Number 14:

    QB Ben Roethlisberger 2004-Present:

    The Steelers knew that when the April 2004 Draft was upon them there was a chance they were going to take a quarterback. The team had slumped in 2003, and no one knew if Tommy Maddox was the long term answer at the position. Many knew that he was not, and that in order to get back to being competitive, the team had better go out and find themselves a young quarterback that could lead them into the future. Welcome to Pittsburgh Ben Roethlisberger. “Big Ben” was still on the board with the number 11 pick of the draft that Saturday afternoon, and the Steelers quickly snatched the Miami of Ohio QB up. Tall, handsome, and able to make things happen with the ball in his hands, Ben was going to take over the city, and eventually the QB spot for the Black and Gold.

    What no one expected was that he would be called upon the second week of the 2004 season in Baltimore. With the Steelers getting beat badly by the Ravens, Maddox was hit on the arm as he tried to throw, suffering an injury that would mark the last pass he would throw as a starter in Pittsburgh. Ben entered the game, and even though the Steelers lost, he threw two TD’s and showed a spark. He never lost again that regular season. Taking the NFL world by storm, Roethlisberger emerged on the scene like wildfire, leading the Steelers to an AFC record with 15 wins in a 16 game season. He did it all, winning in a downpour in Miami, a comeback vs the Cowboys, beating up the sorry Browns twice, taming the Bengals in Cincy and at home, dominating two of the leagues best in New England and Philly, and leading a last second game-winning drive vs the Jaguars on a Sunday night.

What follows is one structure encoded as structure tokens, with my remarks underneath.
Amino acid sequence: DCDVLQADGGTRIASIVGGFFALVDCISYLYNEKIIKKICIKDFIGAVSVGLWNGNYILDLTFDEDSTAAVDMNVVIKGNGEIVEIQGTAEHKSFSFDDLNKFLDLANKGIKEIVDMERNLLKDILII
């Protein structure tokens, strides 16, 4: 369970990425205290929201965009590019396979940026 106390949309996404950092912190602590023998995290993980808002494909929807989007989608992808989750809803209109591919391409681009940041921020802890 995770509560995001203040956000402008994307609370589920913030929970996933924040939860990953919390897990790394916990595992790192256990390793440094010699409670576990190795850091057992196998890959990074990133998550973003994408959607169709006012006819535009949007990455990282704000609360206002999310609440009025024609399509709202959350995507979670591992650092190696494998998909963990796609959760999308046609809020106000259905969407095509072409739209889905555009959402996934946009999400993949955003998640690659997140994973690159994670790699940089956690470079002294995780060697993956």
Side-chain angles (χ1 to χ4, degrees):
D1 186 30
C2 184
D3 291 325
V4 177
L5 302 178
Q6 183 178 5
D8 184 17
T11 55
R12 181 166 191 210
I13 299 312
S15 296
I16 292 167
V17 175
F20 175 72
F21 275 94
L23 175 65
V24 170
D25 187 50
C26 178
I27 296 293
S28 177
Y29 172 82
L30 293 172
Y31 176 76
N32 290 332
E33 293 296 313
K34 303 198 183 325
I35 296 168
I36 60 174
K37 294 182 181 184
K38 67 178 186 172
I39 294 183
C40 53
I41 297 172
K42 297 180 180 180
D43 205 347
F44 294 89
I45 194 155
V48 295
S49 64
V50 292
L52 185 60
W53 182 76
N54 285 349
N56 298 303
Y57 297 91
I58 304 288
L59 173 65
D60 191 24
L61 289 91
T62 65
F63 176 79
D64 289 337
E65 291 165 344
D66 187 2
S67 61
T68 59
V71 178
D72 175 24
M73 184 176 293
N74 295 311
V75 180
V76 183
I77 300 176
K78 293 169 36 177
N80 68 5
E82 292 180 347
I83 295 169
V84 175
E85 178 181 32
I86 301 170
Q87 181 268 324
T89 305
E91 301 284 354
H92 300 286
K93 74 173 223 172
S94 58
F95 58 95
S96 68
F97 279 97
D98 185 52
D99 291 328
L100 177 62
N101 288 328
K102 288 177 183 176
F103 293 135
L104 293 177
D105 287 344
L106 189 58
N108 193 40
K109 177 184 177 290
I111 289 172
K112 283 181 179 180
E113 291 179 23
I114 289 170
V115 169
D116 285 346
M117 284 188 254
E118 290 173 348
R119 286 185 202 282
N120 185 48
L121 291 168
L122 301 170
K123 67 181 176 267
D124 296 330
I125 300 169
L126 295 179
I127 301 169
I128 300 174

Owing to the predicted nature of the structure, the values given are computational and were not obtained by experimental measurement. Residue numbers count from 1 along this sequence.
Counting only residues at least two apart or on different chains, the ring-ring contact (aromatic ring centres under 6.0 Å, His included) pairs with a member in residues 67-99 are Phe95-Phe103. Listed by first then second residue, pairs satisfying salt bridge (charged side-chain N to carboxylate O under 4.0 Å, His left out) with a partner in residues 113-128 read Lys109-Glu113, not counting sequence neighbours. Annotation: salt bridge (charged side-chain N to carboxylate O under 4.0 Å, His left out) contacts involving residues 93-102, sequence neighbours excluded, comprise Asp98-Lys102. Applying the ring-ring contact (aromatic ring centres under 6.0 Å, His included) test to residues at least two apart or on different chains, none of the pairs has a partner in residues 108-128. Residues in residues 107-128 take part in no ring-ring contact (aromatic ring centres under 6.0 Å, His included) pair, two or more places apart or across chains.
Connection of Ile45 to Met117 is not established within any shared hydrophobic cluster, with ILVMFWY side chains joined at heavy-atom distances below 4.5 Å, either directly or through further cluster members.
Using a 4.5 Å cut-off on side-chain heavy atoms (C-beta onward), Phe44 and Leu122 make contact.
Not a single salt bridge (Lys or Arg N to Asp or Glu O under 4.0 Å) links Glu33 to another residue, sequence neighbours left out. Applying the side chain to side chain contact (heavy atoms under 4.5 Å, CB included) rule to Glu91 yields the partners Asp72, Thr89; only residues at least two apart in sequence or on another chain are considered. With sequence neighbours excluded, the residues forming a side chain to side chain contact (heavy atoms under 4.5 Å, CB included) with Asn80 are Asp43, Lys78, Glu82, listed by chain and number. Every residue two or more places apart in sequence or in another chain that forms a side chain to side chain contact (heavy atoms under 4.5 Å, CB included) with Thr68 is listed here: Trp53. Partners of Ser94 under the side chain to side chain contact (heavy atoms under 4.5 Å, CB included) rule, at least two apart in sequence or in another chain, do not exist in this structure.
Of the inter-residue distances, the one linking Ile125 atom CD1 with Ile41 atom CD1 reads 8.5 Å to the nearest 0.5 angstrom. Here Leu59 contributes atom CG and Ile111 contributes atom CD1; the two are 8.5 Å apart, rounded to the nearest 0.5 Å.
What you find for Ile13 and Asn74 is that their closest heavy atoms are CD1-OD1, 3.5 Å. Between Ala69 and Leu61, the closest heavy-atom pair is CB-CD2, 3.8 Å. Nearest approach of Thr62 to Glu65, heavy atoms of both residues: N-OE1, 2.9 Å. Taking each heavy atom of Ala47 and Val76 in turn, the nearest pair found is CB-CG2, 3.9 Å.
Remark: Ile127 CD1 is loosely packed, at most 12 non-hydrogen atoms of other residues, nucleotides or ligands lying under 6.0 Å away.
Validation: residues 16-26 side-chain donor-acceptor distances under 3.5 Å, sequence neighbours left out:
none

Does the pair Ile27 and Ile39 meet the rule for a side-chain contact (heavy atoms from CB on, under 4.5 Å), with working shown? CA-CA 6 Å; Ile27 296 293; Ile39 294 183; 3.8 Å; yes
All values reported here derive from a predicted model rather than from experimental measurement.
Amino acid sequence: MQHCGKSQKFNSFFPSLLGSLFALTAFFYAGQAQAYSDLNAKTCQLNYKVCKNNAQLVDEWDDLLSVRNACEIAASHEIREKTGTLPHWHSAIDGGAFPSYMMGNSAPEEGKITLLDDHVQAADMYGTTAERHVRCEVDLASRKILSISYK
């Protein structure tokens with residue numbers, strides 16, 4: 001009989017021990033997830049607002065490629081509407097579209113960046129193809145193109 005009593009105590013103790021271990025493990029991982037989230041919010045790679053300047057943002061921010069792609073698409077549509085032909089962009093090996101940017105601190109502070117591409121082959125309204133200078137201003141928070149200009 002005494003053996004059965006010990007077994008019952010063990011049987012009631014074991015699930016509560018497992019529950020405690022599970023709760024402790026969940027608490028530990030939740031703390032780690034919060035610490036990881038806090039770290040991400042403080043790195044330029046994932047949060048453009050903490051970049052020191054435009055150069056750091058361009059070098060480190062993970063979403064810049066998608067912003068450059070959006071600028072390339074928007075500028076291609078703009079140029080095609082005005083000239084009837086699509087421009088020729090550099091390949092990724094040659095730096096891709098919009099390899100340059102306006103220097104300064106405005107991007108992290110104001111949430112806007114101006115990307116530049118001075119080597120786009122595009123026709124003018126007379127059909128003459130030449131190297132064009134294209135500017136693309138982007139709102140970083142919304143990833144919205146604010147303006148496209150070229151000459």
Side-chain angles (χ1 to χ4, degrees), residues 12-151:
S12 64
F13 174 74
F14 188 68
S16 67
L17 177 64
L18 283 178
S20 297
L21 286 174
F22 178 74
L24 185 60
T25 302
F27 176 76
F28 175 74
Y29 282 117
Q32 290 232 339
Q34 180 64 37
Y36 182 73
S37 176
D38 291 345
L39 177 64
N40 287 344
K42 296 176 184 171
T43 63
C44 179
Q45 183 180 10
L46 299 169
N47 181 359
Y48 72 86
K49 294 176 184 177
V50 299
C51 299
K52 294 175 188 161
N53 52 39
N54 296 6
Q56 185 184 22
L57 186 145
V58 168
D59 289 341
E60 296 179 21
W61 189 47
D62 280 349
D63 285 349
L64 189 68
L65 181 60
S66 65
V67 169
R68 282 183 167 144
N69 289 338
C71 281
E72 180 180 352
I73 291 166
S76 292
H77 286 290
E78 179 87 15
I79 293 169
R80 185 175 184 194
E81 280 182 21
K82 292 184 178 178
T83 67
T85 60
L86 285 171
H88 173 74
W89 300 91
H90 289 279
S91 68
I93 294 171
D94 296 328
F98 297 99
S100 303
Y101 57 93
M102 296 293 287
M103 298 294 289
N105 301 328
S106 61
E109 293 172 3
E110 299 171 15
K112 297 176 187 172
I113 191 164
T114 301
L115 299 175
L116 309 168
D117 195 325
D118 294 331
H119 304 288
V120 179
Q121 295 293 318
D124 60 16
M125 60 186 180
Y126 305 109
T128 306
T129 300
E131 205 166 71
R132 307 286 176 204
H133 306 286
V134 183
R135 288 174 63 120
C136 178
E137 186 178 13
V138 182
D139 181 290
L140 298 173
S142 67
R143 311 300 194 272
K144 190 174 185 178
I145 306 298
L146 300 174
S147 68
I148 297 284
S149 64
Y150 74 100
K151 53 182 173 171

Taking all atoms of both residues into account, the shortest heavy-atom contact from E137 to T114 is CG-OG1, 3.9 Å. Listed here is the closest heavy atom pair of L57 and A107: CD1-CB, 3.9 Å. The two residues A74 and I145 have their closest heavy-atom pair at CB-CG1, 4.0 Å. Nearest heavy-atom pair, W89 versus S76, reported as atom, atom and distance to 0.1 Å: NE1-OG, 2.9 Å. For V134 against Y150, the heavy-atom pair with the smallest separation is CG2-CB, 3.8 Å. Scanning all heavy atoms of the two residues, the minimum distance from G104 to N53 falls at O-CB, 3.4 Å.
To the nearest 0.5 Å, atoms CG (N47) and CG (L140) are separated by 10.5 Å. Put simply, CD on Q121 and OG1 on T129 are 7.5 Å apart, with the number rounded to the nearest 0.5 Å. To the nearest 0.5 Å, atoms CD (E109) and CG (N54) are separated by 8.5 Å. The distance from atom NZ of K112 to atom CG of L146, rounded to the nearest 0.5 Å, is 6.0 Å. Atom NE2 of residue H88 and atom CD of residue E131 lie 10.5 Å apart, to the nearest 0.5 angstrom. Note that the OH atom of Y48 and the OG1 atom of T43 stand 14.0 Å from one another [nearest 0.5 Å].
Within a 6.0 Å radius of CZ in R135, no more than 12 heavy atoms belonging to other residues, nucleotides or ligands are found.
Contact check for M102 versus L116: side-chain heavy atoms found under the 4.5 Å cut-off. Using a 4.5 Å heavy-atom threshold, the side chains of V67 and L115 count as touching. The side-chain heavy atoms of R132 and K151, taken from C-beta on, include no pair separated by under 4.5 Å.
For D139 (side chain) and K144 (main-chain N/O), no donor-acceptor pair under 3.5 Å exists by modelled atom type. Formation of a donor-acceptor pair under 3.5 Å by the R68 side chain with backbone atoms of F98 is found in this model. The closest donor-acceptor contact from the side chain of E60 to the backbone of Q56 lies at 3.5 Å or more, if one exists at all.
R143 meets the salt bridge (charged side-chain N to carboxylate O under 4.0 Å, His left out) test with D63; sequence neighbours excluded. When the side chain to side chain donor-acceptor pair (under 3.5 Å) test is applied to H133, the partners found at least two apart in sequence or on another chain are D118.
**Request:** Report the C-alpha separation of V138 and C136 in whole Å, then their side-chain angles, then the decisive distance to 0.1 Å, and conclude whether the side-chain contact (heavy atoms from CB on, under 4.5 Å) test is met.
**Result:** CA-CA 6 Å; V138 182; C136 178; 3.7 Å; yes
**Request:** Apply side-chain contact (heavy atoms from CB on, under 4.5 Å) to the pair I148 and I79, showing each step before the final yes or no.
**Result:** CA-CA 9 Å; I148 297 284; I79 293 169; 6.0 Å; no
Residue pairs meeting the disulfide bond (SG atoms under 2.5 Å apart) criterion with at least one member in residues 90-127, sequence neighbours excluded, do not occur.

No one could have possibly predicted that Roethlisberger would do what he did that season. While the rest of the team lifted their game as well, Big Ben was the player who got most of the credit for the extreme Steelers turnaround that season. Upon entering the playoffs, Ben was, well, getting tired. He struggled mightily in the Steelers first home playoff game vs the Jets, and came close to blowing that game with two bad interceptions, the second of which led to a possible game-winning field goal that was wide. Ben and the Steelers managed to win the game in overtime, but there was for sure a feel that all the momentum he had during the regular season was fading.

    The following week Ben had his worst game as a pro, at the worst possible time. Against the Pats in the AFC title game, Roethlisberger threw three INT’s, including one that was returned for a touchdown that put the game away before halftime that gave the Pats a 24-3 lead. Following the game Ben embraced running back Jerome Bettis, crying and pleading the back to comeback for one more season, promising him he would lead him to a championship.